9 Reasons Pet Owners Are Healthier, Happier People
Studies have finally caught up to what we pet lovers have always known: Pets are good for your health. Here are a few of the countless observed examples of this phenomenon.
- Heart attack patients with pets live longer than those without.
- Pets increase our levels of oxytocin and serotonin.
- Alzheimers’ patients are more apt to eat their meals if a fish tank is on the table or nearby, so they can see the fish swimming.
- And we have seen therapy dogs make amazing differences in the lives of those in hospice.
Delving a bit deeper, here are nine of the more specific health benefits you'll get by sharing your life with a pet.
1. People who live with pets tend to feel happier and less lonely.
This is true even if they have no human companionship. Pets provide a sense of purpose, which boosts self esteem. Chronically ill people with pets are less likely to suffer from depression and isolation.
Pets have needs that can only be met by a human. This routine provides structure and meaning. Activities like walking your dog get you outside and often result in social interaction, which is also great for the mood.
2. Having a pet can help keep your blood pressure under control.
Most of us are cuddled up with our pet while relaxing or watching TV. Petting your cat or dog helps your body release a relaxation hormone and cuts down on levels of a stress hormone, which can lower your blood pressure.
Pet owners have lower blood pressure and lower heart rates during rest than non-pet owners. Petting a dog has also been shown to lower blood pressure in children with hypertension.
3. Pet parents have lower cholesterol levels.
Even with a pet, you’ll likely still have to be careful with diet and exercise, and may still require medication, but pet parents have lower levels of cholesterol and triglycerides than pet-less people.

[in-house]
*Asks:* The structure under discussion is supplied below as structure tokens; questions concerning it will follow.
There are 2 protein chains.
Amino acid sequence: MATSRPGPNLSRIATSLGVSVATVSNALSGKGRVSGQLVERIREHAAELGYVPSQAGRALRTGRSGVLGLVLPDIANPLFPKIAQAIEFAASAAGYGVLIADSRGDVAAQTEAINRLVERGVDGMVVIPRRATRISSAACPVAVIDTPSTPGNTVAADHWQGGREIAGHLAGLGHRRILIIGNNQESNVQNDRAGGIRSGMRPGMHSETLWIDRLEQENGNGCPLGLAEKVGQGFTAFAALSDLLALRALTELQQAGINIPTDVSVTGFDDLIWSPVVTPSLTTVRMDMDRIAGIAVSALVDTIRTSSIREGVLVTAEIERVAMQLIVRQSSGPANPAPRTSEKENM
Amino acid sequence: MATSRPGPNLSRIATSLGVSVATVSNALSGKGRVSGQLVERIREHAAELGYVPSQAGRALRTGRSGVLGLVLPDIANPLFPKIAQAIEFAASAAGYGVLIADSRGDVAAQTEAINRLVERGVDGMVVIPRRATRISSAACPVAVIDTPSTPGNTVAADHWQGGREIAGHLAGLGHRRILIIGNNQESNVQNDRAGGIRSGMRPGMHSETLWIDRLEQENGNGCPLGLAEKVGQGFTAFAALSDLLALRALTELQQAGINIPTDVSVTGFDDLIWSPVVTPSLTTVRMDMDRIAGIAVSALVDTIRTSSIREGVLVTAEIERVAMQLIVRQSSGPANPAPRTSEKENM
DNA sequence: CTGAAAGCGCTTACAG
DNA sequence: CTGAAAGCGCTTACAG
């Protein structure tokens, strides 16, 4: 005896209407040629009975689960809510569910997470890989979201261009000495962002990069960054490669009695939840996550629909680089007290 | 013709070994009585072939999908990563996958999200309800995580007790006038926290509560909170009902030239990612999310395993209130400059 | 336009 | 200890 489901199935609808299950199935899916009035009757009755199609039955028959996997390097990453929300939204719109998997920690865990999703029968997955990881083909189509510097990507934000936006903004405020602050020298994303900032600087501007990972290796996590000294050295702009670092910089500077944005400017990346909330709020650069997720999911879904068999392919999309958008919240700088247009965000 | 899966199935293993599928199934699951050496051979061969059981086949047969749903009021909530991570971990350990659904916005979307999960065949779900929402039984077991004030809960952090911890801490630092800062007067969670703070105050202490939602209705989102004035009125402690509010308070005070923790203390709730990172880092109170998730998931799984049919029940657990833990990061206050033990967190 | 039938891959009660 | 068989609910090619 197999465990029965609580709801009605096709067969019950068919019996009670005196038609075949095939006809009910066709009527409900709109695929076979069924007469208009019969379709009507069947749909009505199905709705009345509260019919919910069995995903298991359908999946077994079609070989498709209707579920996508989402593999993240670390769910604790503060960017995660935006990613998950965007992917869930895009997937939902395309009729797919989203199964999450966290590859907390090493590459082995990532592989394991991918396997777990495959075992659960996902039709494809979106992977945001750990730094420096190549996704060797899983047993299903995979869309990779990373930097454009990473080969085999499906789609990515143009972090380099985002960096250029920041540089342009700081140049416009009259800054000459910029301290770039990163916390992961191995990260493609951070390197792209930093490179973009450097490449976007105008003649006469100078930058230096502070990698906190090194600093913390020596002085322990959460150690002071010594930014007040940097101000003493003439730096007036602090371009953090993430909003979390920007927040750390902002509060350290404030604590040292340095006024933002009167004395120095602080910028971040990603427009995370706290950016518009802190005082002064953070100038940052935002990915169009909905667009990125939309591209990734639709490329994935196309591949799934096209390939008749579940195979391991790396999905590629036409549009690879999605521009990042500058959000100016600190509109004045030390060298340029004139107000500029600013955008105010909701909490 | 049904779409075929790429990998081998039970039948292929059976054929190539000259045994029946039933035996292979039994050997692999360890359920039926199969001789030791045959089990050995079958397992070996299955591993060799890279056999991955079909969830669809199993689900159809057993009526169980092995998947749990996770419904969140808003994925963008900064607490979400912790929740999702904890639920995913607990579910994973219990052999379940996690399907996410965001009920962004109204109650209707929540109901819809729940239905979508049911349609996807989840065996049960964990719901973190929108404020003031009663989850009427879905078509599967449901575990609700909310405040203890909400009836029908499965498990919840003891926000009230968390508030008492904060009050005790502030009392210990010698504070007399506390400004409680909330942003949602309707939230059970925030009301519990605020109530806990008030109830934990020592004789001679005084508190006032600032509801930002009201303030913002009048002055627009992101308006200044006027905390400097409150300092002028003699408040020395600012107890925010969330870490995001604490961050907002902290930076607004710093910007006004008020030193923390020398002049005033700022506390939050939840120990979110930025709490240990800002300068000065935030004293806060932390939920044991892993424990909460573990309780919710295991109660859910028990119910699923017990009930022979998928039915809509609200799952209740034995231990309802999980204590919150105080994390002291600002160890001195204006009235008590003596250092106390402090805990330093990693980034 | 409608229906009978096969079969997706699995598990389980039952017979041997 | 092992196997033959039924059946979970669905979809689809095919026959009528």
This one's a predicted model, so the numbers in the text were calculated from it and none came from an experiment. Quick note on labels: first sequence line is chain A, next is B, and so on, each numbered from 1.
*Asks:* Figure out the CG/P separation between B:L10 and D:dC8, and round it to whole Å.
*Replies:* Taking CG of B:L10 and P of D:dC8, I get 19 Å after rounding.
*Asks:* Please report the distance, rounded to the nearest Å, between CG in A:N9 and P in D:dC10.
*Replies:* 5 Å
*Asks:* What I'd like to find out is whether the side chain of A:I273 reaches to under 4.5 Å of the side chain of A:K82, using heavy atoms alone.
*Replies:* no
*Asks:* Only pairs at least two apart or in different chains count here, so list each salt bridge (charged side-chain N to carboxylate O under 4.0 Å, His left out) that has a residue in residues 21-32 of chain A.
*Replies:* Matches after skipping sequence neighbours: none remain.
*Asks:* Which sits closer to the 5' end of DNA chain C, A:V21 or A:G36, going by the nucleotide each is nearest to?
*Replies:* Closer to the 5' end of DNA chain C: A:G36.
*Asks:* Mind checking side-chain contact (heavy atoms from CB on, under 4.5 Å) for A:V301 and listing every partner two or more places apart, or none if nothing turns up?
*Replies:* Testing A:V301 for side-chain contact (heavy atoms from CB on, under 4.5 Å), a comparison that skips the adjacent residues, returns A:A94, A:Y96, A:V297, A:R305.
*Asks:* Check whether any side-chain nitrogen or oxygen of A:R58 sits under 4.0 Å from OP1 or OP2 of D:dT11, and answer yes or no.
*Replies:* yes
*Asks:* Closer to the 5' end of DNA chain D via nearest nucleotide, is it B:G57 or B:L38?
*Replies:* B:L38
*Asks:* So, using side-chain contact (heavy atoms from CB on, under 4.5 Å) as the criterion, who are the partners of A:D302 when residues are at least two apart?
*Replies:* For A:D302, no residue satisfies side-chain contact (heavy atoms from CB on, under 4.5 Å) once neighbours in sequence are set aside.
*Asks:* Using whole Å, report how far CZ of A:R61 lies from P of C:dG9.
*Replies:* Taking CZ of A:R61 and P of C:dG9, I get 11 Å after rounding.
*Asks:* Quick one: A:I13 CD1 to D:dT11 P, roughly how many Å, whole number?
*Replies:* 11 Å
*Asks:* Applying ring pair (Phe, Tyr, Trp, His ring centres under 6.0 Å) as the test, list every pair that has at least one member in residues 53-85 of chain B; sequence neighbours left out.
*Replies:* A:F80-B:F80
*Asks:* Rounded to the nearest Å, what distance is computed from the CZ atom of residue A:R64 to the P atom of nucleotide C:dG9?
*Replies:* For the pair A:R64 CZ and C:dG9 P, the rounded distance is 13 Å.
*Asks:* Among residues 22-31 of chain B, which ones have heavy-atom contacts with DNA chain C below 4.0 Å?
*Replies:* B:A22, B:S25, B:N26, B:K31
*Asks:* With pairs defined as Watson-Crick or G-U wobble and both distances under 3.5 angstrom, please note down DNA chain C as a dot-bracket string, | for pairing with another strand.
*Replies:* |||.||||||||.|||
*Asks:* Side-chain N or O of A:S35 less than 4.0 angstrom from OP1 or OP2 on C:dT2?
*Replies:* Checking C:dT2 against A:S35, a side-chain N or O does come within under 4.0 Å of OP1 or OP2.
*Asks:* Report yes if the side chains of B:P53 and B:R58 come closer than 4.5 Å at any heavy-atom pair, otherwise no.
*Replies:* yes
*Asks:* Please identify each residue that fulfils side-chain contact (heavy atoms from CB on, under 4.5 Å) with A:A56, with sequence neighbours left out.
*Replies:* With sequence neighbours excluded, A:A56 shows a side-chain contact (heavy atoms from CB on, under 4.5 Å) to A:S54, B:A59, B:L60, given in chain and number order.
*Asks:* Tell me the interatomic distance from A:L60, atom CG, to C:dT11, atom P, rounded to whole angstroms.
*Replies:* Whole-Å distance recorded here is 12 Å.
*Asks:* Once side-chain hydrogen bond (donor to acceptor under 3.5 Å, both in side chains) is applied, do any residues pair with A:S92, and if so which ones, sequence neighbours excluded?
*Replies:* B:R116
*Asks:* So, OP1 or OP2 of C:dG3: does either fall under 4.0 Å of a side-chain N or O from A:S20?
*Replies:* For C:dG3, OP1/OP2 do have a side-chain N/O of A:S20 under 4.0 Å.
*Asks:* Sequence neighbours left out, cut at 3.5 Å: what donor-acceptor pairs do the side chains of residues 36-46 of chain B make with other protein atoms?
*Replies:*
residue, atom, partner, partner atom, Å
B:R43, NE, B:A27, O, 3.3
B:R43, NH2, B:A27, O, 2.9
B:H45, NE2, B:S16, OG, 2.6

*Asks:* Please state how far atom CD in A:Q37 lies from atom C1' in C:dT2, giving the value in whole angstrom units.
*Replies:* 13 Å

4. Having a pet is associated with heart health.
The American Heart Association links living with pets, especially dogs, with greater longevity and reduced risk for heart disease. Findings from the National Institutes of Health showed that having pets minimizes the risk of a future heart attack through decreased blood pressure, cholesterol, and triglyceride levels.
The increased level of exercise associated with owning a dog (or a cat!) is also a factor. In one 20 year study, those who never owned a cat were40 percent% more likely to die of a heart attack than those who had.
5. Animals can help you develop immunity to asthma and allergies.
Interestingly, studies have found that animals, specifically cats in the home, can help develop human immunity to asthma and other allergies. Some studies show that babies raised in families that have pets may be less likely to get allergies and asthma. They also have fewer colds and ear infections during their first year than babies living in pet-free homes. So don’t be so worried when your St. Bernard plants a big wet one on your baby’s face — it’s a good thing!
6. Pets can help ward off depression.
These days, if you seek treatment for depression, your therapists may well prescribe, a pet. They can help one deal with and even recover from depression. Those of us with pets know no one who loves you more than your pet. Whatever mood you’re in, whether you got a promotion or a pink slip, your pet is there for you. Pets also help to reduce feelings of anxiety and depression in the chronically ill.
7. Pets encourage you to stay active.